Wikipedia points out that Gravity is:
most accurately described by the general theory of relativity (proposed by Albert Einstein in 1915) which describes gravity not as a force, but as a consequence of the curvature of spacetime caused by the uneven distribution of mass.
As I am not all that clued up on physics, I don't quite understand this and to add to the confusion, in the top voted answer to the closed question, What is Gravity?, the answer starts of by saying that
then later on states that
Einstein's theory treats gravity as something other than force, namely that it isn't a force.
so I have been trying to understand it all with a bit more reading.
In the question, What is Gravity and what causes objects to act against it?, there is a passage with an image which if I understand it correctly, explains the quote from Wikipedia.
So I understand the concept of gravity, in that it's not actually a force, but more of a displacement in the spacetime grid. An object with a big enough mass will bend the spacetime, causing smaller objects to "attract" to it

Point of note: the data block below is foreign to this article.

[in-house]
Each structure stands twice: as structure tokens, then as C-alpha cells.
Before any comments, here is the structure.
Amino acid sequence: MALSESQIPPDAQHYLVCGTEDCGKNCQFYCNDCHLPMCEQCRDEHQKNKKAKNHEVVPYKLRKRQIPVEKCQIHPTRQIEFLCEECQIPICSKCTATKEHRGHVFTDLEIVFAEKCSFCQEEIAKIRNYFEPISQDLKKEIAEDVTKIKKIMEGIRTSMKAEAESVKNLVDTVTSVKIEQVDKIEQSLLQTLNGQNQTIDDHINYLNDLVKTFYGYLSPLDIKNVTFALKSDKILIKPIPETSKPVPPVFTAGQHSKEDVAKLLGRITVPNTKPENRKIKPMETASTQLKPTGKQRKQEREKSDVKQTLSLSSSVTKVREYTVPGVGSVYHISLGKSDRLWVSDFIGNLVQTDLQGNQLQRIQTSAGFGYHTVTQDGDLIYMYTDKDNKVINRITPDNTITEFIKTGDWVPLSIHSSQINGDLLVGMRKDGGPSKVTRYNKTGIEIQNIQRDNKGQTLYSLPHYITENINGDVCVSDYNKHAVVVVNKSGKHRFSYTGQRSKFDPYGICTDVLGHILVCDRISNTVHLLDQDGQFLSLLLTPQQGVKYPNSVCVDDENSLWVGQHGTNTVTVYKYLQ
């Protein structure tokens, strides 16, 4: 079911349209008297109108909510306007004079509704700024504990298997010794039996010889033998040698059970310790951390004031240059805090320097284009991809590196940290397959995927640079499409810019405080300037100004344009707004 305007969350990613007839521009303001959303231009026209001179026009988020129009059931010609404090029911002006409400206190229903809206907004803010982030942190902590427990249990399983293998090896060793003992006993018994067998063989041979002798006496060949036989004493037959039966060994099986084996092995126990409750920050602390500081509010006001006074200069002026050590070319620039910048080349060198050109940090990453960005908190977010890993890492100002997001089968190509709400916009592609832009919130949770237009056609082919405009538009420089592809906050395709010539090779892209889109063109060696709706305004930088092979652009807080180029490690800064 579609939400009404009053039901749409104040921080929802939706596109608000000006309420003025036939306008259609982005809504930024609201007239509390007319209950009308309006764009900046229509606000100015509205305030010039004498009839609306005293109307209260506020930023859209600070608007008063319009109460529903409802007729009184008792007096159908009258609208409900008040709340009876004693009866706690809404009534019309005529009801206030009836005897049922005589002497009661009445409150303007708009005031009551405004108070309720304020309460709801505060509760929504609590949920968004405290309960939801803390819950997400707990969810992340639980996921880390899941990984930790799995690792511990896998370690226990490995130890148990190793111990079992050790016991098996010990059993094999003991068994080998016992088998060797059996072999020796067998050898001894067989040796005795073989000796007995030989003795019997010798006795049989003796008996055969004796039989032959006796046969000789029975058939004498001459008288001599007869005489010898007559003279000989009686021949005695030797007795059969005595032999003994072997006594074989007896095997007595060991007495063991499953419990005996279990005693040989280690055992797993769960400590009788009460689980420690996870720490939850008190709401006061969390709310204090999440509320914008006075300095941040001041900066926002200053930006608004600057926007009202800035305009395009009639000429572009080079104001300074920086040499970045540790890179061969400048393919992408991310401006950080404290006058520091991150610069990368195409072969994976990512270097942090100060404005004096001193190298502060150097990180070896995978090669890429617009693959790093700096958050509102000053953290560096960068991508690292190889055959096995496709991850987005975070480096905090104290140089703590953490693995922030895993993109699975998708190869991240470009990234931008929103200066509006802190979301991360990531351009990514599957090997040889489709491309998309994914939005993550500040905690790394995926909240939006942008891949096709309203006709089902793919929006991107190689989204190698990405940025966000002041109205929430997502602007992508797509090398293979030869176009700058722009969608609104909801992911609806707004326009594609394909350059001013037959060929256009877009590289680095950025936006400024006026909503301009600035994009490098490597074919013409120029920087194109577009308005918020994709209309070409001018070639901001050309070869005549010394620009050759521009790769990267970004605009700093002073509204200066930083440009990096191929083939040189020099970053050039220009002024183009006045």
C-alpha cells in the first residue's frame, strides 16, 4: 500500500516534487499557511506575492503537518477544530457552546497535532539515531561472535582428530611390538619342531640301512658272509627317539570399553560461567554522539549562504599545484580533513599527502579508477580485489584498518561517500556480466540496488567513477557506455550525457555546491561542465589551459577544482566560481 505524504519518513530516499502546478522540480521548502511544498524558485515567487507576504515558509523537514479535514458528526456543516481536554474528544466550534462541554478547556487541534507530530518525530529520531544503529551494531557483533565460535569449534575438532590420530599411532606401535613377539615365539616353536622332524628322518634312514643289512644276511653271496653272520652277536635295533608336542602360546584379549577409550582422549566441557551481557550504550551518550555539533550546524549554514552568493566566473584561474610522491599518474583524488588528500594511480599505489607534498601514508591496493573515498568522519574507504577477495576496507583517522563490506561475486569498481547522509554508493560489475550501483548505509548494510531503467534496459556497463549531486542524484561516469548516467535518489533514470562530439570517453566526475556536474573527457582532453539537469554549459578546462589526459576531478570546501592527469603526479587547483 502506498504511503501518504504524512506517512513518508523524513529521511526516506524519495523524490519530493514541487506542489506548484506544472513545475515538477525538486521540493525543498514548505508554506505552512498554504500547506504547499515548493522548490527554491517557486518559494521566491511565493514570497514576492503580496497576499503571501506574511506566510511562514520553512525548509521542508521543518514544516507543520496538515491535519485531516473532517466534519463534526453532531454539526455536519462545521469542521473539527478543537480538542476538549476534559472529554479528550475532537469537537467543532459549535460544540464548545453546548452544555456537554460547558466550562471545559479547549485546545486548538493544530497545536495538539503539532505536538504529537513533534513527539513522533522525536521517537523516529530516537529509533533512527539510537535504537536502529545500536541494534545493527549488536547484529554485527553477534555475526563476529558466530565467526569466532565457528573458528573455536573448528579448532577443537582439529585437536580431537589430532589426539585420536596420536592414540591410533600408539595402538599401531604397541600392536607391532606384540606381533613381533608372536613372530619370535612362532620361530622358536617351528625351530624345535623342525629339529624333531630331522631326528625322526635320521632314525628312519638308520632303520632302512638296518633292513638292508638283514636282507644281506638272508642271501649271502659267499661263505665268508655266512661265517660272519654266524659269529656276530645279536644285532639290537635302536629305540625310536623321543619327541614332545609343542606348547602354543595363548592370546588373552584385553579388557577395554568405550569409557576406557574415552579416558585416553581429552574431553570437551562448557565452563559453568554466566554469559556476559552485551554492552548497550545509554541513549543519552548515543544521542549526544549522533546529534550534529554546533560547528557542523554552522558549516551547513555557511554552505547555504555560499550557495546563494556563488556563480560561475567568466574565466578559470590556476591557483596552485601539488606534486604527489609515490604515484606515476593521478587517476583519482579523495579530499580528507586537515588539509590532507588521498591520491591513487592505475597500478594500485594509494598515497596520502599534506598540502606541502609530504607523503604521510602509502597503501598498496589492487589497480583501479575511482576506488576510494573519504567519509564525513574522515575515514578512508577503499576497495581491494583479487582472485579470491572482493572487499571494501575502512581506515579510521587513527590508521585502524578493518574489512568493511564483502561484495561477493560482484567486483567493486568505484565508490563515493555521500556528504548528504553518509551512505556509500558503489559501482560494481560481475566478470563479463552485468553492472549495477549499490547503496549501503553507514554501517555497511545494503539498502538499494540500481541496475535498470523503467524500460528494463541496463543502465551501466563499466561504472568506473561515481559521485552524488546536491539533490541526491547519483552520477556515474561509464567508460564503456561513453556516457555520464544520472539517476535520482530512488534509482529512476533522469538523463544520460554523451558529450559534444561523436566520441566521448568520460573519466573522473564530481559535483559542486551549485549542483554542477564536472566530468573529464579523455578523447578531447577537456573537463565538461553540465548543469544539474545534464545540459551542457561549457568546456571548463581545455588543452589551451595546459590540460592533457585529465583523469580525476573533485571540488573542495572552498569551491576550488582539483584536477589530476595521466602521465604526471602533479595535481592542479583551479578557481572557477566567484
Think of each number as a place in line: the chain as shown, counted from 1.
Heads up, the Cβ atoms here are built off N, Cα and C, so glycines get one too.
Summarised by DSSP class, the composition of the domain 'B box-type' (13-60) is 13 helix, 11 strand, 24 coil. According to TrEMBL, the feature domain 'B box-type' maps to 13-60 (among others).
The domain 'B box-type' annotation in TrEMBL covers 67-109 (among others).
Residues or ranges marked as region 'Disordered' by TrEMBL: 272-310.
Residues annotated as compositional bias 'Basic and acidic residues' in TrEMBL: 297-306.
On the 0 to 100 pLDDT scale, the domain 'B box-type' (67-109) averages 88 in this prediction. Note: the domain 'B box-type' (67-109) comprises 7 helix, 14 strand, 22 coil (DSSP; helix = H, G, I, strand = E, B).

So the fact that the Earth, the moon and other planets are spinning is not what creates Gravity somehow? Is the bent spacetime why they do not act like a centrifuge and throw everything off the surface?
To add to this, a few years after Einstein’s theory of relativity described gravity as the distortion of space and time, we gained awareness of the confusing world of quantum physics. This led to the discovery of force-carrier particles, or bosons, behind three of the fundamental forces. This is all totally outside my comprehension, and in an attempt to marry gravity with quantum theory, physicists came up with a hypothetical particle — the graviton, and the name is attributed to Dmitrii Blokhintsev and F. M. Gal'perin in 1934.
What I am trying to understand is how is Gravity created?
With all these theories, am I to assume we actually don't know how gravity is created, even though it was discovered in the 17th century and we have had over 400 years to find out?